• Rogueywon 06/02/2017

    @TheStoneRoses It's a Japanese corporate dig. The "real" party will doubtless have been in a series of bars afterwards and will have resulted in copious vomiting.

    I've worked with Japanese contractors before (not in gaming) and the whole "polite drink in the office followed by massive piss-up nearby where everybody gets scathingly honest" thing is a stereotype that holds remarkably true.
    Reply +23
  • Being Player Two is rubbish

  • Rogueywon 06/02/2017

    Lots of people beat me to this, but... I'm an only-child, so this wasn't a huge issue for me, but...

    My main recollection of the big disadvantage of being Player 2 from when I was a child (and over at a friend's house, or acting as host at mine) was that you always got the rubbish joystick/controller.

    For yea in the late 80s/early 90s did a decree go out across the land that for each computer or console, there must be precisely two input devices. And yea verily must one of those devices be "a bit wonky". Erratic shall be its inputs! Loose shall be its connection to the controller port! Eccentric shall be its design and dubious shall be its knock-off provenance!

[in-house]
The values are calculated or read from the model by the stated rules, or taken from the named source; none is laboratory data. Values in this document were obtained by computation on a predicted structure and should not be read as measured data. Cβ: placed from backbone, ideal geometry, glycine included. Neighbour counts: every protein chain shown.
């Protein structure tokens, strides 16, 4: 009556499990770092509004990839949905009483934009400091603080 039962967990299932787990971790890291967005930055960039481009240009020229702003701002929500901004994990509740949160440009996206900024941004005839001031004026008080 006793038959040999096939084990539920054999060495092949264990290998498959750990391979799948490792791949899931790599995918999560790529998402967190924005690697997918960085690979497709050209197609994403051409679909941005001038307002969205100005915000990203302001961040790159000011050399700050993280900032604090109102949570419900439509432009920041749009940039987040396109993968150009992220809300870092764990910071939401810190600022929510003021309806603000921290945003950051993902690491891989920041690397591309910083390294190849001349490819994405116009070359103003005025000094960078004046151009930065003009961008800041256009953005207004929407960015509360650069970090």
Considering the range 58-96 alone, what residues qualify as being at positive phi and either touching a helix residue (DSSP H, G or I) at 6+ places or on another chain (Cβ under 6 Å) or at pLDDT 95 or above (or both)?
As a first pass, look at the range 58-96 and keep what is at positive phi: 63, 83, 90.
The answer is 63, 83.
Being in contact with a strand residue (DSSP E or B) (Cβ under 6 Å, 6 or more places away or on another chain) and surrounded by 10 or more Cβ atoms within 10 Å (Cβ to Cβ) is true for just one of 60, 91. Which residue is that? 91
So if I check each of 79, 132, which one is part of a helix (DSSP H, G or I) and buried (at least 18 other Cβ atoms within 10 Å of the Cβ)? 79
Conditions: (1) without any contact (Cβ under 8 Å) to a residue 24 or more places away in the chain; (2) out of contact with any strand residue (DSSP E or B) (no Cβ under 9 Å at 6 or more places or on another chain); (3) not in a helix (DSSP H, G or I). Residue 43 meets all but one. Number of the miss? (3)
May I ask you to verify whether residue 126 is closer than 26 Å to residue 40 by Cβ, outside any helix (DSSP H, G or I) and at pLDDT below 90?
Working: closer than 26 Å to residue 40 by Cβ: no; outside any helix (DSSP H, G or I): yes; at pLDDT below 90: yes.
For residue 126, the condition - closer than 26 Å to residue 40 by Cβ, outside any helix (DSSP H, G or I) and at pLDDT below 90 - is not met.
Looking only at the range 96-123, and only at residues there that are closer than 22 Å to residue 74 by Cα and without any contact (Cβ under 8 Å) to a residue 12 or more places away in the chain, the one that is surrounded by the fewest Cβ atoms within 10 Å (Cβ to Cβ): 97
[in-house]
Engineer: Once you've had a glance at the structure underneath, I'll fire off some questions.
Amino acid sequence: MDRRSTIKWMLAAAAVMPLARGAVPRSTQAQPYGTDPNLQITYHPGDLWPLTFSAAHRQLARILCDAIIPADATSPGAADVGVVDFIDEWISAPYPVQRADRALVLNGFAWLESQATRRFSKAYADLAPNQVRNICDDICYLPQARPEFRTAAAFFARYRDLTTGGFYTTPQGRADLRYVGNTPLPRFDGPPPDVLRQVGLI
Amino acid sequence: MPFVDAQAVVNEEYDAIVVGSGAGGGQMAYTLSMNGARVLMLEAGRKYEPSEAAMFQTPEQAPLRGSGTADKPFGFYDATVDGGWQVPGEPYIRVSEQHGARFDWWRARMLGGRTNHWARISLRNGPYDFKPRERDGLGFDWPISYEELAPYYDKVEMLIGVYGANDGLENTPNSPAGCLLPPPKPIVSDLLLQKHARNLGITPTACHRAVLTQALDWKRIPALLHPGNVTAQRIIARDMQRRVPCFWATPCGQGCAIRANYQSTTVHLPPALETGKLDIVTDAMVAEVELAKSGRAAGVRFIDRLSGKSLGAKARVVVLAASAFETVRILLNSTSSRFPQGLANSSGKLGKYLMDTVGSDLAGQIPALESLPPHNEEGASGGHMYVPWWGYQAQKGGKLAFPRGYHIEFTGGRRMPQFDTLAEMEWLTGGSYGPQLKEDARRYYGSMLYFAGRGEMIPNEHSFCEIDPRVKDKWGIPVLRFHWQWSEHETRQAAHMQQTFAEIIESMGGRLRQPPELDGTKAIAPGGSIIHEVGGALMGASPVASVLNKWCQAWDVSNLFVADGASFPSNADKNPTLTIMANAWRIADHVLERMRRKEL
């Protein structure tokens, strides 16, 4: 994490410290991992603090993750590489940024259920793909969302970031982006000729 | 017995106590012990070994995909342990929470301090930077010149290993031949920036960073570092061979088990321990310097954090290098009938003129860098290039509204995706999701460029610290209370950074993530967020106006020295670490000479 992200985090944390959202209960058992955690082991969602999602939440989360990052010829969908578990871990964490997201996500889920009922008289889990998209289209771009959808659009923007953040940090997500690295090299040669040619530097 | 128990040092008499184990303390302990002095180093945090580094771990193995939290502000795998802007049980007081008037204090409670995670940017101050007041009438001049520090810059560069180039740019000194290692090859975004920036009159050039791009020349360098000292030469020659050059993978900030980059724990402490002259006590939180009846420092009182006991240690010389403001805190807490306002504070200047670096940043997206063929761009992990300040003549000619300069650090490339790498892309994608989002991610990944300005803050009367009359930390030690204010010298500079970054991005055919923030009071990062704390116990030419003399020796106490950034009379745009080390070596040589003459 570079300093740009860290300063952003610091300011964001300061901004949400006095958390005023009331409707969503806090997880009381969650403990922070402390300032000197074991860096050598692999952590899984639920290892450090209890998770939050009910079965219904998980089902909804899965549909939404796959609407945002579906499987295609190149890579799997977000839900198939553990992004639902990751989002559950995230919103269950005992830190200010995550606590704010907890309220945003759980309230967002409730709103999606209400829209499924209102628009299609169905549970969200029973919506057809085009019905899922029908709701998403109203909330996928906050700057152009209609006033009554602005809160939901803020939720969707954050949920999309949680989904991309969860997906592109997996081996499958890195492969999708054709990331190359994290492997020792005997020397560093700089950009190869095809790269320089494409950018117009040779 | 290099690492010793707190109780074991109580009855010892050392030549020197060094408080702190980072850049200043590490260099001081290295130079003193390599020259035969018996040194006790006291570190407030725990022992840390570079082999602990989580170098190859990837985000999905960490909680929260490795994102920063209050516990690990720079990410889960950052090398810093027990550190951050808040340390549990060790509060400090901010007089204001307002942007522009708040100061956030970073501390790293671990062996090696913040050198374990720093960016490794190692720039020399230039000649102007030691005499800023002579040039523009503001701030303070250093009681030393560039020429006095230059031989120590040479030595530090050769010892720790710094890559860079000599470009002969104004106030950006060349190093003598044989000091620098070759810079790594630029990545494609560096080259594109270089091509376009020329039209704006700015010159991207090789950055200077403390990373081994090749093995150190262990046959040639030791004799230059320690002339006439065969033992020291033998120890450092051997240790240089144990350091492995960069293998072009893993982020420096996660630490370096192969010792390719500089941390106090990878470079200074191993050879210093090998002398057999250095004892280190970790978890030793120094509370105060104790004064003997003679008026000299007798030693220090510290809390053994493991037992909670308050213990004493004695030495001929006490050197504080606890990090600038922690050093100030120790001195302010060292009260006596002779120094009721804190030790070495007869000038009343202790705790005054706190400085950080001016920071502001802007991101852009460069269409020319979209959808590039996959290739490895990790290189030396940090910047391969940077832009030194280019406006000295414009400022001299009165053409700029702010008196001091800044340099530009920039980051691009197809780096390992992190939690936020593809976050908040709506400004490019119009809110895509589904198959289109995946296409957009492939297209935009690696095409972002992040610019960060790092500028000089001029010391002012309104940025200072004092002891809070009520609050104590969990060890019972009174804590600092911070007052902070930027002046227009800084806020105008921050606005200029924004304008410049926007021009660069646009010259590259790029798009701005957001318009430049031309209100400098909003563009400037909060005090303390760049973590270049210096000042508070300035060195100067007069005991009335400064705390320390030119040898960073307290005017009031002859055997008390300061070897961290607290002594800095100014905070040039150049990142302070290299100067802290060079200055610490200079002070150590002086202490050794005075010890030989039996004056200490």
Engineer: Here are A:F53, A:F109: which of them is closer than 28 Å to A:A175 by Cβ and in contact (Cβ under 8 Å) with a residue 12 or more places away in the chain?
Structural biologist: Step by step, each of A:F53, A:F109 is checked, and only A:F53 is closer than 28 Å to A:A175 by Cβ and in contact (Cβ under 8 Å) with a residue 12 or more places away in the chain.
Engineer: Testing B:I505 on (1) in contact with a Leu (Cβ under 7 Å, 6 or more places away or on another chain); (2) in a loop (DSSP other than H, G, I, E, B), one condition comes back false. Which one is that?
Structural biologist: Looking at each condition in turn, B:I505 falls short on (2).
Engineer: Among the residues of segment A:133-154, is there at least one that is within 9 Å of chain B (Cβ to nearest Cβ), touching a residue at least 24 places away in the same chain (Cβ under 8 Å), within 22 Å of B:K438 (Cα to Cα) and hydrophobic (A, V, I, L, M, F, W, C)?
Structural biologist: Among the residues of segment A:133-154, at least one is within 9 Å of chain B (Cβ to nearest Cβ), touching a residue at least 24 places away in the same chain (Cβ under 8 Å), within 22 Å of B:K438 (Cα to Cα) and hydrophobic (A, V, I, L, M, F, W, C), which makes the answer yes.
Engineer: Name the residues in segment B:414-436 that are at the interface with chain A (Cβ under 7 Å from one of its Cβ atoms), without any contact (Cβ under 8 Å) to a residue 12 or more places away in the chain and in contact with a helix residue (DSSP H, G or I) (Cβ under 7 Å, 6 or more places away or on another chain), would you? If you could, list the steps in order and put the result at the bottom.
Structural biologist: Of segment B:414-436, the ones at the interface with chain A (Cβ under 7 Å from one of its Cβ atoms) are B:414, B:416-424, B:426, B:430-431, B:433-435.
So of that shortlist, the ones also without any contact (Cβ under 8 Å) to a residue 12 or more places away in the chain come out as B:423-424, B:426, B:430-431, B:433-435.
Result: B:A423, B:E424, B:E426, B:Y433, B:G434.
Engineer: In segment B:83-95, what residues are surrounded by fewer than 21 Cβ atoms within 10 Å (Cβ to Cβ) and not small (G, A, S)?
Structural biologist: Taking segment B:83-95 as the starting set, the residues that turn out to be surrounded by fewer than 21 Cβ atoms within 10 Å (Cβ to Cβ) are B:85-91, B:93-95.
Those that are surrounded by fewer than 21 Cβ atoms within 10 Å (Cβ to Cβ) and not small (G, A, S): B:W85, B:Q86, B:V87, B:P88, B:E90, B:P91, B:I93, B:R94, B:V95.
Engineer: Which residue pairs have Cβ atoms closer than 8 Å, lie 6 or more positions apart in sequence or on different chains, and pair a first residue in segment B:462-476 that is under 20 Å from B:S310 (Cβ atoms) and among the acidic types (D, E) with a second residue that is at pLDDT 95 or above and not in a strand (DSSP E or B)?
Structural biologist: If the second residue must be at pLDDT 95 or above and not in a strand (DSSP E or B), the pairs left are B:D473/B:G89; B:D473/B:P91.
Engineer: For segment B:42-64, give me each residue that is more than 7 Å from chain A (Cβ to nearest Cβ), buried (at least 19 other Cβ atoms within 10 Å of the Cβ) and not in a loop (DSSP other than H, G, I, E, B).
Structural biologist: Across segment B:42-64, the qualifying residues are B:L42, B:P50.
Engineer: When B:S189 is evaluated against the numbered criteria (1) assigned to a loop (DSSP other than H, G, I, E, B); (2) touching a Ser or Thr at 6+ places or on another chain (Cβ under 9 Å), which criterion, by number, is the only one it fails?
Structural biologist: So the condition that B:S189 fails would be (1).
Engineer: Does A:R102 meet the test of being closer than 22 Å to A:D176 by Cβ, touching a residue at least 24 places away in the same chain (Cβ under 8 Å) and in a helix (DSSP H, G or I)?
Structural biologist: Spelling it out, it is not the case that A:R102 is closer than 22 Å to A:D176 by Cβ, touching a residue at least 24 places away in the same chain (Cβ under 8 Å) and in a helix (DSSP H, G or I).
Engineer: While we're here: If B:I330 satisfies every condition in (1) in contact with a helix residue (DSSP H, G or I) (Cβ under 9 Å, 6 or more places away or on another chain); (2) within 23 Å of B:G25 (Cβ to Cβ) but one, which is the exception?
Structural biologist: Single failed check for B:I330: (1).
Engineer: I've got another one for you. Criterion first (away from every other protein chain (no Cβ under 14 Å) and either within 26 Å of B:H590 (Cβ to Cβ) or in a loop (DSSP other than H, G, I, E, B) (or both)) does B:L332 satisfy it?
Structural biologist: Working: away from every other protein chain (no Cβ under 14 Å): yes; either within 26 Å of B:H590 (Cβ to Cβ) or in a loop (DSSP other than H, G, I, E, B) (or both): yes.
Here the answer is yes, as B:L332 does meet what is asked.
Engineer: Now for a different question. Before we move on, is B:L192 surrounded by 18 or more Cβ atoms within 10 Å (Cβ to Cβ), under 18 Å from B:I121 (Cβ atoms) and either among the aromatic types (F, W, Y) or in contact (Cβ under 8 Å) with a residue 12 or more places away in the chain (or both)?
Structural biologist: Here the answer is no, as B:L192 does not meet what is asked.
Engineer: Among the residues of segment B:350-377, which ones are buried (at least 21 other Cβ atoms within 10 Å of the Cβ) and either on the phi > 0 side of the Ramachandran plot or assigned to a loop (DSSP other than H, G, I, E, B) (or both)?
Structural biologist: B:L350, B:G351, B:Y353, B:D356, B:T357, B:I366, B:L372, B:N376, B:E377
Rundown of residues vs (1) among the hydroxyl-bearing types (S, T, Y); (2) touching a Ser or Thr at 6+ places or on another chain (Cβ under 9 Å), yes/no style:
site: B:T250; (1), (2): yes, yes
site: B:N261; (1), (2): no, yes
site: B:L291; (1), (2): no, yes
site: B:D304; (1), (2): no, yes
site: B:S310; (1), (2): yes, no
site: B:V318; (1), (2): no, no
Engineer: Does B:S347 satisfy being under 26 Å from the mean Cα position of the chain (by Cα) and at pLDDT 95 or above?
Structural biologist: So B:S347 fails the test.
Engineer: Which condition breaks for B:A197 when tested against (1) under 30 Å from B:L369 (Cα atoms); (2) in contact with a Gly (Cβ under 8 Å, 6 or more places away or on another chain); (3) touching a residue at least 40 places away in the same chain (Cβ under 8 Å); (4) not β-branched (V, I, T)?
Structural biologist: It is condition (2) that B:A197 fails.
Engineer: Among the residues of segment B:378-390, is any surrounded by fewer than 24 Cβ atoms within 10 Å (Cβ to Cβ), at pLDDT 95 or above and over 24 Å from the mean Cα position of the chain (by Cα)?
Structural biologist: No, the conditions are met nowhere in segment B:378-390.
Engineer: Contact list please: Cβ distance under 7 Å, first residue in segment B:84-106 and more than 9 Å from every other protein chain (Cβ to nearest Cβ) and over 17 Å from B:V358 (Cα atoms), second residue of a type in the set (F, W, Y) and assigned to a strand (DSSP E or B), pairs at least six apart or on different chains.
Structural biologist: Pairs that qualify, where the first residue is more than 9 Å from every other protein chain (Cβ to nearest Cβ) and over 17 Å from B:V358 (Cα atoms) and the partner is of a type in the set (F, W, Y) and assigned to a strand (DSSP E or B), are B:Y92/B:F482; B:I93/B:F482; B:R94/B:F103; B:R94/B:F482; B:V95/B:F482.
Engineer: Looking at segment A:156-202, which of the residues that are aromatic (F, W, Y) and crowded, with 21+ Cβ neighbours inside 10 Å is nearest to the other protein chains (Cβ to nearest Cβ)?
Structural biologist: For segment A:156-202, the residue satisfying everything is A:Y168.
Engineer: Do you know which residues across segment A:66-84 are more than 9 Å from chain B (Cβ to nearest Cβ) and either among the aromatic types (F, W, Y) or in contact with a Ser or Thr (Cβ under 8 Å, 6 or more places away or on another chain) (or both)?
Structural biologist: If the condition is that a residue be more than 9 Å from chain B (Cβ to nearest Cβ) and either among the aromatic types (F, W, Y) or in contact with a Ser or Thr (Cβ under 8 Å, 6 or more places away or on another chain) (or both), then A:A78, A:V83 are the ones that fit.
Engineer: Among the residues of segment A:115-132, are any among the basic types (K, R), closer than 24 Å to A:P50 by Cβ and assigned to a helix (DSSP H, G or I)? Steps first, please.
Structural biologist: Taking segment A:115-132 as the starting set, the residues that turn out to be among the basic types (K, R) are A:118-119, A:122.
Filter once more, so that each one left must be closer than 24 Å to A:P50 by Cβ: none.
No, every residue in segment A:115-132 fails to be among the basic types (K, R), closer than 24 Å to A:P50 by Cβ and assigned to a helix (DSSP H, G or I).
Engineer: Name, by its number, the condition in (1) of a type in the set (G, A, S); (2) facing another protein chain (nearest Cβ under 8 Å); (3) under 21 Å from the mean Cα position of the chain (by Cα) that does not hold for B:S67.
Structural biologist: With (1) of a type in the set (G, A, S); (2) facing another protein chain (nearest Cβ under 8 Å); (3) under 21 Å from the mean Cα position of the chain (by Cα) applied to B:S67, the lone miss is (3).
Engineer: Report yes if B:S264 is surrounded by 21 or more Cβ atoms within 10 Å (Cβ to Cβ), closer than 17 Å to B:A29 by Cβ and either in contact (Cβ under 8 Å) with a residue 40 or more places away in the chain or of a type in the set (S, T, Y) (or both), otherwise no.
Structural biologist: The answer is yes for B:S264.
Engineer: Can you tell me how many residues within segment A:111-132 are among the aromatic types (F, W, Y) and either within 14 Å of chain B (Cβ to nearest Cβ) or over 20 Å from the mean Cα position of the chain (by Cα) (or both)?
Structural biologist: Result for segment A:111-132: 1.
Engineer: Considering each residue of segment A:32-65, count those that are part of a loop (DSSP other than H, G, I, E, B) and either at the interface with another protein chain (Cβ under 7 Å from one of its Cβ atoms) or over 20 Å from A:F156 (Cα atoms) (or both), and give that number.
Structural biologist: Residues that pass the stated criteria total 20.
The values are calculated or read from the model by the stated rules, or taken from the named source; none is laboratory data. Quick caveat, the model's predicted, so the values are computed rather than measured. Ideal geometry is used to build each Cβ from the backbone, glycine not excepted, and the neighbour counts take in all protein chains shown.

I can still remember trying to play the C64 version of Final Fight at a friend's place using some godawful controller he'd got for Christmas and promptly realised was crap. It was the plastic turtle thing, where the idea was that you tilted the shell instead of tilting a joystick. Except it barely worked, couldn't really do diagonals at all and had the ergonomics of a brick.

    Good times.
    Reply +16
  • PS4 Pro 'boost mode' runs unpatched PS4 games more smoothly

  • Rogueywon 03/02/2017

    Bloodborne with a solid 30fps. Please please please please please. Reply +14
  • Why the future of Deus Ex lies with its past

  • Rogueywon 03/02/2017